The Biesbosch. One of the largest, and certainly one of the most beautiful National Parks in the Netherlands. It’s next to Dordrecht, so neatly in betwee Rotterdam, Den Bosch, Breda and Utrecht. A beautiful spot within reach for everyone living in or visiting the Netherlands, and very suitable for a microadventure. The osier workers hut they put in the Biesbosch is an official “pole camping”: a small site without facilities where it’s legal to camp. There are about 40 of those campsites in the Netherlands, but this one is the most beautiful, at the edge of the Biesbosch.
An osier workers hut is a hut where osier workers used to sleep. Osier workers were around about 150 years ago and made a living out of cutting sedges (a kind of willow branches), which were used to create hoops to go around barrels. The Biesbosch was a great forrest of sedges (“Biesbosch” translates to “Forrest of Sedges”), which explains for the fact that a lot of osier workers were active in the Biesbosch. The problem was the soil: it was practically a swamp out there, almost impossible to walk through. Especially with 19th-century footwear, conditions were pretty bad. And because the Biesbosch was a hard place to penetrate, the workers didn’t go home at the end of the day, they stayed for the week and only returned to their families on Friday. They would sleep in a hut, together: an osier workers hut.
A replica of such a hut was build in June 2008, at the edge of the Biesbosch. There are five bedframes and a table in there, all bolted to the floor. You can – if you bring your own sleeping bag – spend the night there for free. It’s probably a hugely popular spot in summer, but we went there in the middle of winter. It was freezing cold that night, but the sun was shining when we woke up, making this a beautiful place to be. We felt like osier workers ourselves because it was vert marshy and we had to work hard to keep ourselves warm (protip: campfires and gluhwein). Someone left an aluminium rescue blanket behind; the kind you see around people at running competitions that overestimated their own capabilities just a little too much. That really helped against the freezing cold. In the army they thought us to “make a cold man a gold man”, so we also knew on what side it should be worn. We were also very happy with the roof over our head. Sleeping in the mud would have been a disaster.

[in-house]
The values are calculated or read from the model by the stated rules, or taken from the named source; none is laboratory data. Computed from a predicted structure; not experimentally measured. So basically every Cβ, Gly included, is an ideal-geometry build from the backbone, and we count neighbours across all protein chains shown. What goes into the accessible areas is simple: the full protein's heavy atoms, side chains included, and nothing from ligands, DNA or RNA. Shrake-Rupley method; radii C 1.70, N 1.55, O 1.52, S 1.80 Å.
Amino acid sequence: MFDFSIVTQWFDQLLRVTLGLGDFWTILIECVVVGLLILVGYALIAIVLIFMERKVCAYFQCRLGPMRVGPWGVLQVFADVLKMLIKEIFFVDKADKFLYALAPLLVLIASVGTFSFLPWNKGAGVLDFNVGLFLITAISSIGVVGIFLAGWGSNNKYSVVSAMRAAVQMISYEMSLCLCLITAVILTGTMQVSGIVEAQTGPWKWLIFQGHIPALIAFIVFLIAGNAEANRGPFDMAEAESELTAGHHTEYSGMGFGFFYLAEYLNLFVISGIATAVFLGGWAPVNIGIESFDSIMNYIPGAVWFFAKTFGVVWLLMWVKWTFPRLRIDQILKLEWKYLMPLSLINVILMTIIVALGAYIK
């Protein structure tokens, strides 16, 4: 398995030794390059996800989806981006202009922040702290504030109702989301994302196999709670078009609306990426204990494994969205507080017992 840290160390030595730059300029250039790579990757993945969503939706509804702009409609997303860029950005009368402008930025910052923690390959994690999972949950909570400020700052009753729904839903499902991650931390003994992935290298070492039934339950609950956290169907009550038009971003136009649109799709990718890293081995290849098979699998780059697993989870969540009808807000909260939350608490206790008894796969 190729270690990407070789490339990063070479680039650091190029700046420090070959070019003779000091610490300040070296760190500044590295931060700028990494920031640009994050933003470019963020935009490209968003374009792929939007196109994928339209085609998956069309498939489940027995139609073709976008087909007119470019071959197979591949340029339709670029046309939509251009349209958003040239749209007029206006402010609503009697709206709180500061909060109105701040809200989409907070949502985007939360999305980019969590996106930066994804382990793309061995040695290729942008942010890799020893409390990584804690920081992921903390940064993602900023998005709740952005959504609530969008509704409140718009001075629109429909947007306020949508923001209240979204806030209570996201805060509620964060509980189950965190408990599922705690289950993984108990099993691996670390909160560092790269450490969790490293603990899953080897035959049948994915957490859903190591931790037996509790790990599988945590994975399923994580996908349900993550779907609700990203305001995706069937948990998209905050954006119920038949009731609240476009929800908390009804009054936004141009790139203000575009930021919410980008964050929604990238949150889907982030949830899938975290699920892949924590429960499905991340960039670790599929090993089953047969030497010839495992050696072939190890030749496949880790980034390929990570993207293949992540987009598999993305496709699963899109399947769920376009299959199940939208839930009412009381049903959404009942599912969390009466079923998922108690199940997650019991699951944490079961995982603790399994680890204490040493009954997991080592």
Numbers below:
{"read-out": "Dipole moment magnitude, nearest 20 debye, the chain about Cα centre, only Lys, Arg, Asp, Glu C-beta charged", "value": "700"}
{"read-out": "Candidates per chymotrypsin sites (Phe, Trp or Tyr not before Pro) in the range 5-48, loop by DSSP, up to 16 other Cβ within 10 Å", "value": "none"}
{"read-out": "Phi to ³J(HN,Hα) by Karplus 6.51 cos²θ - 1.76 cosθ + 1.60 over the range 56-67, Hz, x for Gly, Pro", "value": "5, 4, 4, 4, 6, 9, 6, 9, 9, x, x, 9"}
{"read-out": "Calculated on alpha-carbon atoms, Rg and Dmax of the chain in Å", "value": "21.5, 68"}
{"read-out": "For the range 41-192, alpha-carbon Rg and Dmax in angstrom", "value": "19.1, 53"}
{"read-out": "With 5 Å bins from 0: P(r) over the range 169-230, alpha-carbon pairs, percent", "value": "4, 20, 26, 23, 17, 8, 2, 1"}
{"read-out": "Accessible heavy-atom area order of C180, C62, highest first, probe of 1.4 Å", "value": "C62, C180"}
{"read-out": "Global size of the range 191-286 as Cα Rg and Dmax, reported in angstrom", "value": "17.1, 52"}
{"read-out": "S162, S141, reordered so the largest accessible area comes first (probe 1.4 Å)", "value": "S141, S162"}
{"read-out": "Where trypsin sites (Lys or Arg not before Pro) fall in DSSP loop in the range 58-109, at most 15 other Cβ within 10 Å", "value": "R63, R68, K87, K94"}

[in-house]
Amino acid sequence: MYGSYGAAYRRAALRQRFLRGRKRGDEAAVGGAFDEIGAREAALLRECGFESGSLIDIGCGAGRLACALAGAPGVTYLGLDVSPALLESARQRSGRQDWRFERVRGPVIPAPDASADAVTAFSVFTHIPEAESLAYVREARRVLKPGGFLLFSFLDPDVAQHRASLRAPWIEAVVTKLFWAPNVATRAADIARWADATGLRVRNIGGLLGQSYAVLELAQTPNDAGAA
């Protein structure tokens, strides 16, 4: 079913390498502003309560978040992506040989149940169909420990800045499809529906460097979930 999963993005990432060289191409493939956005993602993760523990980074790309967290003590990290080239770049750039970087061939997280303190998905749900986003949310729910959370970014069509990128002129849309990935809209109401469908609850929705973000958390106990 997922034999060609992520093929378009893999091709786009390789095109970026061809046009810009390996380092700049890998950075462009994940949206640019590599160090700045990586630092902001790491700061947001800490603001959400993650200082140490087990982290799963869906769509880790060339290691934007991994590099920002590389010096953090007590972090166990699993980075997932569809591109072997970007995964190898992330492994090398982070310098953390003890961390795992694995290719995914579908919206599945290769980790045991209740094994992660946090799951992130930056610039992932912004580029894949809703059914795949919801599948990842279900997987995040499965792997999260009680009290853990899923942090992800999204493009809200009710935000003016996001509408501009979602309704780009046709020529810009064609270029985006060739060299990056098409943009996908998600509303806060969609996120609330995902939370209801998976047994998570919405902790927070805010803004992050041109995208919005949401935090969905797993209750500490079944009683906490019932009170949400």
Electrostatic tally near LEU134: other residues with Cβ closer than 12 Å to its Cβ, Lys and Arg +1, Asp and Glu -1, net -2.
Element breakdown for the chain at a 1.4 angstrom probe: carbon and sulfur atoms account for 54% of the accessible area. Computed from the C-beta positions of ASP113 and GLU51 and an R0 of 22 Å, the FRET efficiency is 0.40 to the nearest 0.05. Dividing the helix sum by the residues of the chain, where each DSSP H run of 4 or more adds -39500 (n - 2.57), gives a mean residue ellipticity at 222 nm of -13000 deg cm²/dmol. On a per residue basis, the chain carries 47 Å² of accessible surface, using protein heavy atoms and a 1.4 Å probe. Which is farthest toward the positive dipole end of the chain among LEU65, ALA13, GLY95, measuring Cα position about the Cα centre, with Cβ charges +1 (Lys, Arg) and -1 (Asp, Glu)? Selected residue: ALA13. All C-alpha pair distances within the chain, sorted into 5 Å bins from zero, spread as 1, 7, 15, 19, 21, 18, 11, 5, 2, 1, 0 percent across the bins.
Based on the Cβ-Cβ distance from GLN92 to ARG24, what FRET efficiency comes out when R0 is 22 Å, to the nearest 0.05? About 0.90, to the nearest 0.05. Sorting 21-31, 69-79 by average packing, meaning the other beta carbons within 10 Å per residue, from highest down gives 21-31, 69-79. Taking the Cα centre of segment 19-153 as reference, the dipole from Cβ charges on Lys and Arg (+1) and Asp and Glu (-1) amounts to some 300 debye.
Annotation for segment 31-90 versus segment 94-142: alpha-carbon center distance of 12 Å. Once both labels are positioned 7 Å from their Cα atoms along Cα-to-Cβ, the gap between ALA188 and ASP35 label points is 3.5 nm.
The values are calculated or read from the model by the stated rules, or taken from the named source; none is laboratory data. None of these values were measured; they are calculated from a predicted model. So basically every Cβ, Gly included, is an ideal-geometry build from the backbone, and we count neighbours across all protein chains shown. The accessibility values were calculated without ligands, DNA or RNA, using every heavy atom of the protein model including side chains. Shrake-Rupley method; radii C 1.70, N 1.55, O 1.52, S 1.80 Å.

Everything was wet, even the wood. But we still needed fire to cook our dinner, so we had to split the wood to reach the dry inside of the timber. Every normal person uses an axe for that, but bringing an axe would be just a little too survivally for us, so far (we changed our minds). My knife was sacrificed, unfortunately, and it didn’t survive this adventure. So if you have any tips for a good new survival knife, please leave a comment below!
Just being in a certain location, waiting to be able to go home again isn’t fun at all. So what we do, is try out new stuff. New skills, recipes, life hacks, et cetera. We get them from social media like facebook and pinterest, television (does that stuff Bear Grylls does actually work in real life?), or we get tips from you guys (our favorite option). This time, we tried out some new recipes.
Dinner was dried pasta. The video above shows some shots of how we prepared that over a fire, but the interesting part is in the way we prepared it. That recipe is on this site too!
For breakfast, we made some very healthy and nourishing scrambled eggs, packed in a special way. The recipe is on the site, but here is the summary: five eggs, a tomato, an onion, garlic, some milk and a putload of spinach in a blender; pour that in a soda bottle, keep it in the fridge and pour in a pan when you are ready to eat. Delicious, healthy and nourishing!
We weren’t hungry anymore at all, but we brought a ton of food to test, so we simply had to keep eating it and see if it would be successful trailfood. So the chili had to go down as well. With a food dehydrator, you can bring a meal down to about 150 grams per person, and then rehydrate it up to a complete meal. Dried chili works very well with that.
Camping in the Biesbosch
The location is beautiful. We will definitely go back someday, but then preferably in summer. Are you looking for a great spot for winter camping, microadventure or an outdoor adventure? This osier workers hut deserves some serious consideration. A roof to sleep under, a table outside and a fire pit for your convenience.
Do you have any great trips planned? Know some locations we should definitely check out? Leave a comment below! Also, please consider liking and/or sharing this post if you enjoyed reading it.